We have temporary interests and everyone knows it
Iran has permanent interests in Iraq and the familial and religious links between the two countries is centuries old. Tehran doesn't seek a disaggregated Iraq, as one commentator argued. Indeed, the opposite is true, and its support for the Baghdad government reflects this. The Iranians have been careful to limit their physical footprint, understanding that to overplay their hand risks an Arab backlash. Its advisers do accompany the militia groups, and they do die on the battlefield. The groups they accompany share a unique religious bond with them that justifies such sacrifice as part of their centuries-old obligation to fight oppression. Moreover, geographic realities mean that Iranians support action against what they see as a potential existential threat on their border.
By contrast, ADF members don't share any linguistic, cultural or religious links with the soldiers they will be asked to accompany. The Australian public doesn't see ISIS as an existential threat and most Australians still couldn't point to Iraq on a map. This shouldn't necessarily preclude deploying ADF members to the country (we do it often enough), but it should dictate how we employ them, particularly when regional states with direct interests in the country don't deploy troops.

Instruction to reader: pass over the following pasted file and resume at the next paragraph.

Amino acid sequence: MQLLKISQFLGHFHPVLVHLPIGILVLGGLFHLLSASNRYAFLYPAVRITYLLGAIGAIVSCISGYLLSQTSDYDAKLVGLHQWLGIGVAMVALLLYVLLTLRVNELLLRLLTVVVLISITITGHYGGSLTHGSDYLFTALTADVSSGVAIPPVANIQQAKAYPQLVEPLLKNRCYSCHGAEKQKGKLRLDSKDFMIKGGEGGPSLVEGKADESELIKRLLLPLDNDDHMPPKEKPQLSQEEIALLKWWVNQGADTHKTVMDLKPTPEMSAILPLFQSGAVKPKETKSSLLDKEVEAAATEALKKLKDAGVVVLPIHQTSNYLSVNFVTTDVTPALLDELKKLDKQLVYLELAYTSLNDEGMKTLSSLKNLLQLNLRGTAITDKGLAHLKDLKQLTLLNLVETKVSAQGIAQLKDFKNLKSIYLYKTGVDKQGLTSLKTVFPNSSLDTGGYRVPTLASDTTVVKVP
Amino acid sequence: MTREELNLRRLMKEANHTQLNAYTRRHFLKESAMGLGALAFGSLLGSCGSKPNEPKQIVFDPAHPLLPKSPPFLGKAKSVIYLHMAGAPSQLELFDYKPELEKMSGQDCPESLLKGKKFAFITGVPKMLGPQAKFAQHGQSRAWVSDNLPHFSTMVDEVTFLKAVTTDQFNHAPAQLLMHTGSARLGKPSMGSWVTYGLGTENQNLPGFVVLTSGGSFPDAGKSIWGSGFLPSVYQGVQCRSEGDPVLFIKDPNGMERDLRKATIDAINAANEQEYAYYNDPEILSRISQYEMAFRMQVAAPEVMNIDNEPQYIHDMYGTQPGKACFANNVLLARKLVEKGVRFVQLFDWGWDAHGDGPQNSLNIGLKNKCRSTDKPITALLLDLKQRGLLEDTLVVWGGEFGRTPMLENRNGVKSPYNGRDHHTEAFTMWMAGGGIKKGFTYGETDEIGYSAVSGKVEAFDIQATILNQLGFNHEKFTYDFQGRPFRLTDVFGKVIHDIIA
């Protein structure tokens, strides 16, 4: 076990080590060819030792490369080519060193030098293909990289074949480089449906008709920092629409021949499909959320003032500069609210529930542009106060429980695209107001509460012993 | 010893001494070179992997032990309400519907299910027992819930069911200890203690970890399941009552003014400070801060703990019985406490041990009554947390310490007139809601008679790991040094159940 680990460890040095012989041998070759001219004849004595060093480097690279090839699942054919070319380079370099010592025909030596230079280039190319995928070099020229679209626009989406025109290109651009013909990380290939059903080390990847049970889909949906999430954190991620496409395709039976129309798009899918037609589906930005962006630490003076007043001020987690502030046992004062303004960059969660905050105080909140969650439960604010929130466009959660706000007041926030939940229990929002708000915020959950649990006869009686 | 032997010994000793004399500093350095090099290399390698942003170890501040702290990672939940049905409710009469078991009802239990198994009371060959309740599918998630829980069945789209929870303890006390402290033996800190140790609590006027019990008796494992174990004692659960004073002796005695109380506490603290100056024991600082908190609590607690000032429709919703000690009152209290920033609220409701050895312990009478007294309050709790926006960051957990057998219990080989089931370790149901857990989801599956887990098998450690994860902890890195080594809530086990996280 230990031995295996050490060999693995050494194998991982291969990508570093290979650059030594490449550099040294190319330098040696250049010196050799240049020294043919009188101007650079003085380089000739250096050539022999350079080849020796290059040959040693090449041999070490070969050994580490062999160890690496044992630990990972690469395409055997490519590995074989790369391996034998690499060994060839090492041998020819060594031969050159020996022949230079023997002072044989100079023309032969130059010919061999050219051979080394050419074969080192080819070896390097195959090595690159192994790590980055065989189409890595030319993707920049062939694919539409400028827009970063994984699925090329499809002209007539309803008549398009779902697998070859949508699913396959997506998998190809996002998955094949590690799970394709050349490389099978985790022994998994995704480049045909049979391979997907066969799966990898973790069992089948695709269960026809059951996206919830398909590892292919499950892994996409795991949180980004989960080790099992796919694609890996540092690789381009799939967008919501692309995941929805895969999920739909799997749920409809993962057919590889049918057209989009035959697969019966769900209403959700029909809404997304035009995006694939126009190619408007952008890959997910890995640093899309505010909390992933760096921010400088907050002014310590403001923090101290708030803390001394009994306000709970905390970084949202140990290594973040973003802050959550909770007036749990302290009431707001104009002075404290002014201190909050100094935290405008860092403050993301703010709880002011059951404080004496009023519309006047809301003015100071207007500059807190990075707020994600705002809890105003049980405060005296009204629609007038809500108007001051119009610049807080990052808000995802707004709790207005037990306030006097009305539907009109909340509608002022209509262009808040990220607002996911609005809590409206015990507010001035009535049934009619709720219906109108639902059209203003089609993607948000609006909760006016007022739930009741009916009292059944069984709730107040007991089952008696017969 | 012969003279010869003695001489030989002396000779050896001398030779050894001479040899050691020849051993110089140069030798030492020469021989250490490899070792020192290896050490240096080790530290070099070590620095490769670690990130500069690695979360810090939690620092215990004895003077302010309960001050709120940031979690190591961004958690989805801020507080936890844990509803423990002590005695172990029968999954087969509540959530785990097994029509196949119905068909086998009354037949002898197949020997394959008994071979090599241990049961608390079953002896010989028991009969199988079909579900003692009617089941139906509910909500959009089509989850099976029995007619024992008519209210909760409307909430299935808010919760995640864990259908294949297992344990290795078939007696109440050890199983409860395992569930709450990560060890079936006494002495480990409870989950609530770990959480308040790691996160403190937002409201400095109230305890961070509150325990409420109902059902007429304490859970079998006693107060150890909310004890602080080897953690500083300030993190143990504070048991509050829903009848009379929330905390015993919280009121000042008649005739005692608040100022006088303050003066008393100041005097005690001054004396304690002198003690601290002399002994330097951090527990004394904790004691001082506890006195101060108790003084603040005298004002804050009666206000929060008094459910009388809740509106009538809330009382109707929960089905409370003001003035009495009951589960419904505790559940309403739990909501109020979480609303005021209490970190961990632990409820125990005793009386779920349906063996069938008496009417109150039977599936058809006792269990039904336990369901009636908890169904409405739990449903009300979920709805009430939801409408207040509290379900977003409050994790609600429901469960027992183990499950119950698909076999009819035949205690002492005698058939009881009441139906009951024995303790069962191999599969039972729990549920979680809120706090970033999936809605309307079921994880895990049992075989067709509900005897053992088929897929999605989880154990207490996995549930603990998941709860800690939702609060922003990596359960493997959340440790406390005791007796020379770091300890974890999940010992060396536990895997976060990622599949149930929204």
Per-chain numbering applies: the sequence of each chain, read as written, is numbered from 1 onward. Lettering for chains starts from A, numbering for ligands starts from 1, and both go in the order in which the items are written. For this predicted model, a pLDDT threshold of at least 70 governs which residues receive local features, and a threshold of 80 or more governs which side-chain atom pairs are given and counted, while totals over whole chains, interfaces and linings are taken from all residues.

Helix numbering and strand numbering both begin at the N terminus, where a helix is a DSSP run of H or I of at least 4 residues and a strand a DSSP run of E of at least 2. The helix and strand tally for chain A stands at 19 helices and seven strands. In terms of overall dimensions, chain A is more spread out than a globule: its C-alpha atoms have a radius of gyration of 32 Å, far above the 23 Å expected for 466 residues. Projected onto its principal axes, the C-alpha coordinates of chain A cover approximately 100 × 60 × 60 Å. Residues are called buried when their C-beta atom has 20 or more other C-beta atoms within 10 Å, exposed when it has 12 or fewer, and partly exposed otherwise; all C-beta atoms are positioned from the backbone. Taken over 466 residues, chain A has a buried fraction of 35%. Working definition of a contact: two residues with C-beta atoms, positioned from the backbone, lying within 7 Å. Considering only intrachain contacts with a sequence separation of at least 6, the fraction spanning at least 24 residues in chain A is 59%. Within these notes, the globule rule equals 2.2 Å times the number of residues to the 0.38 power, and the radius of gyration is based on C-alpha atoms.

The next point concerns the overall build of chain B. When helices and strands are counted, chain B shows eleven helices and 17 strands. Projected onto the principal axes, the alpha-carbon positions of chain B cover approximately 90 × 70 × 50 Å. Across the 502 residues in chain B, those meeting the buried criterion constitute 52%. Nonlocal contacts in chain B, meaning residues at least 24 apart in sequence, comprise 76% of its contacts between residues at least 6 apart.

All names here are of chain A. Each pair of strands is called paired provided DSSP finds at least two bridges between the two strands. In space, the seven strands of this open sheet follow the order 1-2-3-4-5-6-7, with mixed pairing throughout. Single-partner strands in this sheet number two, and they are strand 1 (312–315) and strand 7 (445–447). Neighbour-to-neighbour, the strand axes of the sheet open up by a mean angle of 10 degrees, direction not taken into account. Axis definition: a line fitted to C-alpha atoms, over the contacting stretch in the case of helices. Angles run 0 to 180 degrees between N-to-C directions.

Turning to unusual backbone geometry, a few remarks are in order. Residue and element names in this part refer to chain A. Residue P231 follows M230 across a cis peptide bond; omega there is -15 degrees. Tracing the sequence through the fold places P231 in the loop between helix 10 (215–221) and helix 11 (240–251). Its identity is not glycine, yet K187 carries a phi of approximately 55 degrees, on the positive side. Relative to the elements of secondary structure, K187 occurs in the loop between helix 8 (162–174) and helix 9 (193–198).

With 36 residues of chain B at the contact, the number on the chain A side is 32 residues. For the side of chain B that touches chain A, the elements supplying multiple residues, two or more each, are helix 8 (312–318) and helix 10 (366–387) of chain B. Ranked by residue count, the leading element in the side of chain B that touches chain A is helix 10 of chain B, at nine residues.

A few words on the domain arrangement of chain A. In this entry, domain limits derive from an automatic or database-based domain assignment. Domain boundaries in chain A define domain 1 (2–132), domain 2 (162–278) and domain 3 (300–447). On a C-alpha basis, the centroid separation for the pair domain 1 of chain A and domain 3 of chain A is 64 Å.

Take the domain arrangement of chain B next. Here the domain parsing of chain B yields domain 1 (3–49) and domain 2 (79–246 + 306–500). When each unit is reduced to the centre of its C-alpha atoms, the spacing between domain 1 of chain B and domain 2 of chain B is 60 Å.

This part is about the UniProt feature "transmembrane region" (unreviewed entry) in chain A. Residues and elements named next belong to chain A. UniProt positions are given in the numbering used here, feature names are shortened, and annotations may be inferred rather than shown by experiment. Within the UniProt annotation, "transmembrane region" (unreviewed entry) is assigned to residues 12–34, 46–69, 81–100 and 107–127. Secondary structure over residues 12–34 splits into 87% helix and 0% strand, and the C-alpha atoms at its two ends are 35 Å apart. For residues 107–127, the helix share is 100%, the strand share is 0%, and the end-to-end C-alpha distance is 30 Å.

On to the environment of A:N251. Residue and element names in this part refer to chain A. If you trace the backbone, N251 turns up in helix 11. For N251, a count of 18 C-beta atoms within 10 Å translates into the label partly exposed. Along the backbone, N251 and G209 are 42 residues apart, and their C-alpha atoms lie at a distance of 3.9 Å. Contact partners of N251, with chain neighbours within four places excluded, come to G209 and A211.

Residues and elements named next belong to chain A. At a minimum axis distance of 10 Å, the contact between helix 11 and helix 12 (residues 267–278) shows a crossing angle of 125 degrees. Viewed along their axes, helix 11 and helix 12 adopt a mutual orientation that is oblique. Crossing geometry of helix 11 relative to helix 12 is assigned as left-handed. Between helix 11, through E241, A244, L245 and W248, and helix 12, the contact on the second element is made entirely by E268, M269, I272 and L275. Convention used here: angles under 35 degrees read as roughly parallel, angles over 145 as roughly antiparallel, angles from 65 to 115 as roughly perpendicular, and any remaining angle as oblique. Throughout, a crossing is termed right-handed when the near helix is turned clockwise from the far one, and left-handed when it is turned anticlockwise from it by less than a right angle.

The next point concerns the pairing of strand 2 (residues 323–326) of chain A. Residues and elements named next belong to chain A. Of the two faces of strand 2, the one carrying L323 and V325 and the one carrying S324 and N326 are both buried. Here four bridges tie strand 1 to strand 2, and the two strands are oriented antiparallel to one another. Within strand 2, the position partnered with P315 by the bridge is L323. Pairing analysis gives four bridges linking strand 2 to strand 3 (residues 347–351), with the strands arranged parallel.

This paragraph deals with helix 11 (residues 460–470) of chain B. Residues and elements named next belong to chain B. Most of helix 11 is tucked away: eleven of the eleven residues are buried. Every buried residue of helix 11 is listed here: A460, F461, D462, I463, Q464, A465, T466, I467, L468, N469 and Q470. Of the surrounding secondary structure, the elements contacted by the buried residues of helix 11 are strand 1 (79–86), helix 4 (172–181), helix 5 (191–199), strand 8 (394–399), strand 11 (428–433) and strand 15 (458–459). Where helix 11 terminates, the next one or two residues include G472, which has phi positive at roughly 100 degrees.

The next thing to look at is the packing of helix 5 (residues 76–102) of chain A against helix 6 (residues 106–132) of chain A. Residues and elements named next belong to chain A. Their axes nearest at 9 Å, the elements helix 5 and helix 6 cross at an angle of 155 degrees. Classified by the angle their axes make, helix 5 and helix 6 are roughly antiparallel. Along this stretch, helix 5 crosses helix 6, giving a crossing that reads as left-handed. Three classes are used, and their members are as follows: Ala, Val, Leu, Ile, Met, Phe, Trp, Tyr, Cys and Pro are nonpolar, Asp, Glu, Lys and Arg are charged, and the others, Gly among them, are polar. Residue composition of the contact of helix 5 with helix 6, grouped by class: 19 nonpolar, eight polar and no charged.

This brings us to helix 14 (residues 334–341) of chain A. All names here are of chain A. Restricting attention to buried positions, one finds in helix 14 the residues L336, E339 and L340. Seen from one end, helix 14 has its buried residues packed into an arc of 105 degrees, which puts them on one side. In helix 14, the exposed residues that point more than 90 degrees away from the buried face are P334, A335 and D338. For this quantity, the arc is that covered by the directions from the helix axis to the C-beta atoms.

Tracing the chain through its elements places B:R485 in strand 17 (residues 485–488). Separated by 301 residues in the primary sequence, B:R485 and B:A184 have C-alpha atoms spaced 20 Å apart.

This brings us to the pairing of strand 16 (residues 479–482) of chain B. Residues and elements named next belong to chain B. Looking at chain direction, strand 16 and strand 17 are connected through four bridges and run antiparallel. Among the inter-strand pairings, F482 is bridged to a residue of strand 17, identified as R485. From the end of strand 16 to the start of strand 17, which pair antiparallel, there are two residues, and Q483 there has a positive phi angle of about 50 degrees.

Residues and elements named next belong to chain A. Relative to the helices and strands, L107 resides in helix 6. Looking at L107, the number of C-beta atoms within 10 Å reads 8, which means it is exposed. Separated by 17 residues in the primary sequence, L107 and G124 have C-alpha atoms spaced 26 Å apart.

Peter Jennings and Jim Molan may well be better off asking why the UAE doesn't provide an advise-and-assist capability, particularly given the UAE, like us, has experience of doing so in Afghanistan. Why doesn't Jordan, with a capable military and Iraq on its border, stump up? To say that the Iraqis would have stayed and fought if only Aussies or Yanks had been there smacks of cultural arrogance. Of course people will point out that help from Sunni Arab countries such as Jordan and the UAE may be unacceptable to the Iraqi Government, or that neither country would want to exacerbate internal tensions by supporting a pro-Iranian government in Baghdad. But pressure and a strong message from Western states that regional security is a more regional responsibility than it used to be is long overdue.
The one thing my latest trip to the Middle East has highlighted is the fact that there is a new security paradigm in which regional states are expected to shoulder more of the burden. Regional states are upset at this prospect. They also worry about the interconnected nature of many of the conflicts, and the uncertain second-order effects that actions on the ground will have. Defeating ISIS in Iraq, for example, may well strengthen Iran's allies in Syria, as thousands of experienced Shi'a militia will then be free to be redeployed to strengthen a faltering Syrian Army.
Little is straightforward in the region these days, and the last thing we should be doing is involving our soldiers in ground combat in Iraq.